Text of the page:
Oral Presentation Session
Reviewed by: Council on Anthropology and Education
Of interest to: Practicing and Applied Anthropologists, Teachers of Anthropology in Community Colleges
Primary Theme: Resistance
Secondary Theme: Identity and Equity
Given the current climate of hate, misogyny and white supremacy since our last presidential election it is imperative that we implement pedagogies that promote resistance to this overarching hostility and perhaps even fascism. However, bids to do so remain overwhelming in the face of push back to our initiatives.
This session will document our attempts at generating pedagogies of resistance as well as the resistance we face in reaction to our efforts. The focus of the panel is on studying cultures of activism generated through pedagogical initiatives ranging from challenging white privilege among communities to facilitating student responses to various “isms” on campus and in society as well as neoliberalism, militancy and militarization across the US and globally. Turning the gaze on ourselves, how do we implement classroom practices and curricular processes to not only develop critical consciousness among students and community members but inspire them to translate that consciousness into action that promotes social justice in general but also includes activism on campus and in specific communities? Our approach remains inspired by Freirean notions of education, but we use these ideas from a critical perspective given that these notions do not take into account that what students might bring to the classroom are identities of privilege and complicity with oppressive thought, action and structures (Torres, 2003).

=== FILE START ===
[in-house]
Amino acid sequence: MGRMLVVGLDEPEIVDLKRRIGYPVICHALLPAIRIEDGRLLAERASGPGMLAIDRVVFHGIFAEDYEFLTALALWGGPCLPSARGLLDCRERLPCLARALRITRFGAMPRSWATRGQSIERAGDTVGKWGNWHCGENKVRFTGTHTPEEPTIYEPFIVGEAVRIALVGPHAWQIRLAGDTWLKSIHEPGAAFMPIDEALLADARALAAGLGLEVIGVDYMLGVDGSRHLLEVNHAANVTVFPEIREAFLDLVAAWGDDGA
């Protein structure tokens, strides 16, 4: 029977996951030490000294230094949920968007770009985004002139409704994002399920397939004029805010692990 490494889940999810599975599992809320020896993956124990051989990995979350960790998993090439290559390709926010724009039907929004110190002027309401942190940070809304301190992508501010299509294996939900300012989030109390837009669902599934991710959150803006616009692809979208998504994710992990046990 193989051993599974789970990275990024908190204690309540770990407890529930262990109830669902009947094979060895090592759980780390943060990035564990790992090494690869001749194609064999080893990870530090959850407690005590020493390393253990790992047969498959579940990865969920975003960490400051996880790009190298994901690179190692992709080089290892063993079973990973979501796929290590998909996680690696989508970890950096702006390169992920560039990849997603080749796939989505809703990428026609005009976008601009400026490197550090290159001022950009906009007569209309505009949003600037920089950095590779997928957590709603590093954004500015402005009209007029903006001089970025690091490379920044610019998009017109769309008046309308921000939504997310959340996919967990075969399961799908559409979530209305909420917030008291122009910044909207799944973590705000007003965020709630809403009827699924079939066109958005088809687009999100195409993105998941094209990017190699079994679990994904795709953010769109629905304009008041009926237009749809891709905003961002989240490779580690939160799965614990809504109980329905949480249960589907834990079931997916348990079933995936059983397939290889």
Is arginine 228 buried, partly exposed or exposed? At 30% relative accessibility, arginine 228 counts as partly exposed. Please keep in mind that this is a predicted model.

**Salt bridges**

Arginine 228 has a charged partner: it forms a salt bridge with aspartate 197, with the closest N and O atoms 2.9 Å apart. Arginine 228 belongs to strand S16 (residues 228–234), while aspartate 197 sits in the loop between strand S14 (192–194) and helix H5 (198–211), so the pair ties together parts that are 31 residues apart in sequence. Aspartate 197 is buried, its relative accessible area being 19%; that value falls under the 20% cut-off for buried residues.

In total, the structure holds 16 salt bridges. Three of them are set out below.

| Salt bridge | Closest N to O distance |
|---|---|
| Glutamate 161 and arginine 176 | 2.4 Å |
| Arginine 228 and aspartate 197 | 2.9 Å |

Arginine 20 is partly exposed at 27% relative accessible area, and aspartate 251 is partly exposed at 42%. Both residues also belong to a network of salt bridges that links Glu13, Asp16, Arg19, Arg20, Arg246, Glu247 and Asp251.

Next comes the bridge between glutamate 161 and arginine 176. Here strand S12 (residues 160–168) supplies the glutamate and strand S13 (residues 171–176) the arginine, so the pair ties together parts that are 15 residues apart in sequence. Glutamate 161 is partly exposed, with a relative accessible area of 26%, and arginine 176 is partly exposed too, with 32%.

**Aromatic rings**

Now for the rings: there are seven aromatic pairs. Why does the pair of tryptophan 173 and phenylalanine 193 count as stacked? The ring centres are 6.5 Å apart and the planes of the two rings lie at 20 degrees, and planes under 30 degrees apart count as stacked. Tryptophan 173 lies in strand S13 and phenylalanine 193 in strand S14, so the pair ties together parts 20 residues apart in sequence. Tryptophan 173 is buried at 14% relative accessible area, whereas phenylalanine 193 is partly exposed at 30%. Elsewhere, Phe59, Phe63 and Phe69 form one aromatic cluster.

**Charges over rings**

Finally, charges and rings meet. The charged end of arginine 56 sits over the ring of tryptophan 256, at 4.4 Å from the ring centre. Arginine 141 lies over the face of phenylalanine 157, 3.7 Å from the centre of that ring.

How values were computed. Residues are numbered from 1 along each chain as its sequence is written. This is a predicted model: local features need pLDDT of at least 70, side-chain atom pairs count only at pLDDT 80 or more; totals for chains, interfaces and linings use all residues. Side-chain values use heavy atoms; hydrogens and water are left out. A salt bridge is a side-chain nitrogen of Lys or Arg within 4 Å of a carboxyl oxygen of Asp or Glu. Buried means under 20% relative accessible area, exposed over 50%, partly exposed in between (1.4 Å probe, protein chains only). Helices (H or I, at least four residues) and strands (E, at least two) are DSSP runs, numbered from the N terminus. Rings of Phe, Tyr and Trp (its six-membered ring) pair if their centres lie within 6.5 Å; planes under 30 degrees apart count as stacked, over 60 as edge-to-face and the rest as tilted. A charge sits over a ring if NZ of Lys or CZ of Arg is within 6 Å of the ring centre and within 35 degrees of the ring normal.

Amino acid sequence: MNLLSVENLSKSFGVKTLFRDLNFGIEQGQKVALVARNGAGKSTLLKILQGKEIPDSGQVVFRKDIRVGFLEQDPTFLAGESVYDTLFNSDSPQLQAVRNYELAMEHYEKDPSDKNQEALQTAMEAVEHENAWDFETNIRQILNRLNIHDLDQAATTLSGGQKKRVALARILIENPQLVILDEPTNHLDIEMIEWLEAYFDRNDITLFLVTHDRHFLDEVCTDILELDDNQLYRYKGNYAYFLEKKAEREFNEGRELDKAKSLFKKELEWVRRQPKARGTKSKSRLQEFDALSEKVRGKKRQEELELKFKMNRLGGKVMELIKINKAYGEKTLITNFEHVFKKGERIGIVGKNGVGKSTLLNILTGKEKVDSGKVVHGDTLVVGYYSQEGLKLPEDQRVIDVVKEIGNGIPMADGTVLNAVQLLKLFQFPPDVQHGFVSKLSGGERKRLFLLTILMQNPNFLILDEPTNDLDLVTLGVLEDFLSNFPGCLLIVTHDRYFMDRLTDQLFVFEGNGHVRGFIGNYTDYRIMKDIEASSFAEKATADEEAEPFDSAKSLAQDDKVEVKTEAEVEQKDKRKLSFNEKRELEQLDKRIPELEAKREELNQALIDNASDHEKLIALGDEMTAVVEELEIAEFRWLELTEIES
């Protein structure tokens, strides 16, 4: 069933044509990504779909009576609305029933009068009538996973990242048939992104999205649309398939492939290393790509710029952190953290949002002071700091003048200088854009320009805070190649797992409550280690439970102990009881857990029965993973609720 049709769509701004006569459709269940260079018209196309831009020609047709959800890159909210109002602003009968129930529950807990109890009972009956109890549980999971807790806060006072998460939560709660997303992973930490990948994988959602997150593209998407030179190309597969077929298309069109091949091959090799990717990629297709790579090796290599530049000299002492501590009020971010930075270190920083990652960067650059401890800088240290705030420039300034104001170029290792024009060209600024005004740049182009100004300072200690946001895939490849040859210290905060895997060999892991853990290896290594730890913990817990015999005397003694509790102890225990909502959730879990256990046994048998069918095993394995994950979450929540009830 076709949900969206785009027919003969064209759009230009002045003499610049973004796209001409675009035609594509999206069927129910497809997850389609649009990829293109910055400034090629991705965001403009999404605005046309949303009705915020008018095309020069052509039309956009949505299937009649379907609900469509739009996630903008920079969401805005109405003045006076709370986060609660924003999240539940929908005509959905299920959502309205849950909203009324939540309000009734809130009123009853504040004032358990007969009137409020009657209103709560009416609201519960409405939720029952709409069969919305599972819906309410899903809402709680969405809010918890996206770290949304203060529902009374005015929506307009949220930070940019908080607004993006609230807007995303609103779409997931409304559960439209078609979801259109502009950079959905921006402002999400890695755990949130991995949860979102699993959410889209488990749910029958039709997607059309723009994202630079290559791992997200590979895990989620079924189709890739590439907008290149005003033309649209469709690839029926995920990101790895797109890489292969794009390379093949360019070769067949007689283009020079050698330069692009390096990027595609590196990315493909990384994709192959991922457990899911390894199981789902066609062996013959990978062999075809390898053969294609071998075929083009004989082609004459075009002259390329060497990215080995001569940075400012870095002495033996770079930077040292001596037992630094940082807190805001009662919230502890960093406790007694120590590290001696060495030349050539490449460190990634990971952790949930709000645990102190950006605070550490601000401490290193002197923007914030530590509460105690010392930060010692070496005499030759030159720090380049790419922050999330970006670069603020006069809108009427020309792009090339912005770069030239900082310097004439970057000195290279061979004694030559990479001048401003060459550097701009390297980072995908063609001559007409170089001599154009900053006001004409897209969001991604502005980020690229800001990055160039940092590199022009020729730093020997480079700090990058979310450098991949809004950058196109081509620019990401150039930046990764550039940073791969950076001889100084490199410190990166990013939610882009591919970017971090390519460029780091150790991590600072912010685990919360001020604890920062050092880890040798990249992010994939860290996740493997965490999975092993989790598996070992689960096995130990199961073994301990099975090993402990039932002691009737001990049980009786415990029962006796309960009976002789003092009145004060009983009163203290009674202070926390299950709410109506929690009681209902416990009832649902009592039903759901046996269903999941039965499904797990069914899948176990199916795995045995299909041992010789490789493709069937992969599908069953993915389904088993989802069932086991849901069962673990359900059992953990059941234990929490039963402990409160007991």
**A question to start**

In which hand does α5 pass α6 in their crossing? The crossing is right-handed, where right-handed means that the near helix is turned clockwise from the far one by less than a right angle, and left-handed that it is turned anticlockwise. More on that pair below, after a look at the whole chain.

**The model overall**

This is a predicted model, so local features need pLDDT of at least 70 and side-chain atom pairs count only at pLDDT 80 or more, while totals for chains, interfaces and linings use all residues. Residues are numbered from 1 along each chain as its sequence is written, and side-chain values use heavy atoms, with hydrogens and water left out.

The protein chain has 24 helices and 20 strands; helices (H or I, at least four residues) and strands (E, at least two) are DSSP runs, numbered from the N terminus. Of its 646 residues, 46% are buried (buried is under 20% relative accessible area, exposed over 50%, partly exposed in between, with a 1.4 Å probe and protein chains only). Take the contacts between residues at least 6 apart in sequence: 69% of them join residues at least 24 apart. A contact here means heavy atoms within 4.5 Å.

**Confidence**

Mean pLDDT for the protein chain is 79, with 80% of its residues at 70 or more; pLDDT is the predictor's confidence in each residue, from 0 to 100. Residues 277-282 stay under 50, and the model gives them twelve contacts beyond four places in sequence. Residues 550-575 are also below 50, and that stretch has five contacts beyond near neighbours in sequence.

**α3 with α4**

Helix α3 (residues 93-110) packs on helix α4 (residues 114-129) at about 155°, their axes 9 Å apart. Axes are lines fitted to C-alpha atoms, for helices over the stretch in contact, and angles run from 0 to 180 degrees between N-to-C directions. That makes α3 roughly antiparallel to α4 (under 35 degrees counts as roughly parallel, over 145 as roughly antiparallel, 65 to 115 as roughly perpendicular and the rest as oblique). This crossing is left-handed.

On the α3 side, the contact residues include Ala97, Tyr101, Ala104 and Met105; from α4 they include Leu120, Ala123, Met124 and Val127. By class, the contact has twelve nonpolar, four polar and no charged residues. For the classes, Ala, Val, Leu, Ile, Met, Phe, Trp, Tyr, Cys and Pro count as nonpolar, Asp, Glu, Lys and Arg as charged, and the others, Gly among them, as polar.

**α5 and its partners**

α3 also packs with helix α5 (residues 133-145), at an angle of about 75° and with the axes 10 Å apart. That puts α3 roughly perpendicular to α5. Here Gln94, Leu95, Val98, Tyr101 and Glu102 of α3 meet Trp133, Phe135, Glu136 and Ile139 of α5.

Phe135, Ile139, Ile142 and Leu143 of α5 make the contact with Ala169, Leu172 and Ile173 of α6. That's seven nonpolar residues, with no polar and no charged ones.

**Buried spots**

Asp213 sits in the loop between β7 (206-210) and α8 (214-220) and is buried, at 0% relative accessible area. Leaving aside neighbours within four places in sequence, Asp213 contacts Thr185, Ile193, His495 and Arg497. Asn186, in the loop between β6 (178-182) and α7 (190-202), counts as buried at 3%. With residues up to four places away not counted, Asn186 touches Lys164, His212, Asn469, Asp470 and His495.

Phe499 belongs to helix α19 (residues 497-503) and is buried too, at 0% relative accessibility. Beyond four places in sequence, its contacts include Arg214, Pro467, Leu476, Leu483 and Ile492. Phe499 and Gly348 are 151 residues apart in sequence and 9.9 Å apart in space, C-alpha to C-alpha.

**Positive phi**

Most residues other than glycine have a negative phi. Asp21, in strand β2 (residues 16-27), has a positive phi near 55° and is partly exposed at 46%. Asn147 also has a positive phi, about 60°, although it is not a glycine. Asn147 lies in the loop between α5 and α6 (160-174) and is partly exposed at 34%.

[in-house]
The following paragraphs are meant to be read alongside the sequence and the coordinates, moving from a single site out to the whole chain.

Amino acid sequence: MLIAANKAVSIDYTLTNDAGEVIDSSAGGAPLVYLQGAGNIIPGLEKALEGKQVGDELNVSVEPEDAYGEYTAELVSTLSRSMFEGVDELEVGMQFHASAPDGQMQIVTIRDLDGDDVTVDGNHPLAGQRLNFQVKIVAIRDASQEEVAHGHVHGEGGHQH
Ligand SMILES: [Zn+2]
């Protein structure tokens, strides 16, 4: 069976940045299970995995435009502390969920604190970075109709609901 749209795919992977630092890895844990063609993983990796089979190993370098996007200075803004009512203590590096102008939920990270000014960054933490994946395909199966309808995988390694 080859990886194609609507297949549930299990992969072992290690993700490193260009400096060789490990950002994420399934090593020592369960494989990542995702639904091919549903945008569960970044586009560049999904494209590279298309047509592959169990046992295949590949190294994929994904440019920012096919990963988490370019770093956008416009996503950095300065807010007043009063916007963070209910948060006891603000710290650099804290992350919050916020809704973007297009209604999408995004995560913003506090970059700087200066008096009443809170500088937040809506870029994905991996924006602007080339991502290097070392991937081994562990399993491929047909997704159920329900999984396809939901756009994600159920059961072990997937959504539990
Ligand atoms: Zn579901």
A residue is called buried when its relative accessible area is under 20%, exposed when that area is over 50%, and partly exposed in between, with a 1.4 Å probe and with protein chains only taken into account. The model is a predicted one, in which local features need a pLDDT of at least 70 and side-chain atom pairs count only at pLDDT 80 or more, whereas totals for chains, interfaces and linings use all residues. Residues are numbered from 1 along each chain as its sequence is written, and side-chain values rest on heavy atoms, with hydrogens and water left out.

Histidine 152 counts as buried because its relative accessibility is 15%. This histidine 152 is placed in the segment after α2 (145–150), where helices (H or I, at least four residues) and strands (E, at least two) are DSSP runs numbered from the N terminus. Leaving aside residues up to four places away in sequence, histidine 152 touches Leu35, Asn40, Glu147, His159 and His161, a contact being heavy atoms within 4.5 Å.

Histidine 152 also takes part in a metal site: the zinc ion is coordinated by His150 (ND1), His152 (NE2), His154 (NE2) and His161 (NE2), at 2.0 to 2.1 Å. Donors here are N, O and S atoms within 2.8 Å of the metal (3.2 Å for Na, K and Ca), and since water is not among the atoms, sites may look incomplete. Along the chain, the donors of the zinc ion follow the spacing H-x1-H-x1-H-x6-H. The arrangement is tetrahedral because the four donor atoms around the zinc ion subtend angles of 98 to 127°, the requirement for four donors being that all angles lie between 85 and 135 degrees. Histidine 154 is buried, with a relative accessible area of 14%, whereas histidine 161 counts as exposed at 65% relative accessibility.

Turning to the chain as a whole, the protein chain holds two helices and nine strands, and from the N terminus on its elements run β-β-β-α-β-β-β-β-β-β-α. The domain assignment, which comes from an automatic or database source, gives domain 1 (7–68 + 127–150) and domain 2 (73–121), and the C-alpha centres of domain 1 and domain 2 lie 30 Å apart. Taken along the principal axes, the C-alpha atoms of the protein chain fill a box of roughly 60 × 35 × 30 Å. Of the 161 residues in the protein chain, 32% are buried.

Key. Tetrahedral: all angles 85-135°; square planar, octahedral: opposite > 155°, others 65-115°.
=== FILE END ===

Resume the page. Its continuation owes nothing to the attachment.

We use field journals and ethnographic interviews to address the following questions: What are the outcomes we envision as we construct our pedagogies as resistance or activism? What ideologies do we draw upon as we prepare to implement such processes or knowledge? What mechanisms do we employ during the actual pedagogical experiences? What obstacles or hurdles do we encounter during our implementation initiatives? What are examples of how we address or tackle these obstacles or hurdles? What are some examples of our successes and our failures? How do we measure or assess the outcome of our efforts?
This session contributes to learning about cultures of education and educational enterprises that facilitate activism and resistance to hegemonic practices and discourses. It emphasizes how ethnographer educators can be agents of change. It contributes to the anthropology of education by bringing in critical and feminist pedagogical thinking into its purview. Scholars have been writing about pedagogies of resistance for a while (for example, Giroux, 1983, 2003; Freisinger, 1994; Trifonas, 2000; McLaren, 2001; Kirlyo, 2013; Casey, 2016). Examples of scholarship that actually research how pedagogies of resistance can be put into practice have started to appear but they remain few and far between (for example, Joseph et al., 2016; Miller & Tolliver, 2017). Furthermore, these examples of research do not utilize systematic anthropological methodology nor do they effectively contextualize pedagogical exercises within structural analyses or examine constraints to educational initiatives. Our session will fill a gap by providing such exemplars of research. We look forward to raising questions about pedagogies of resistance and their effectiveness through our enactment of self-reflexivity (Lather, 1991).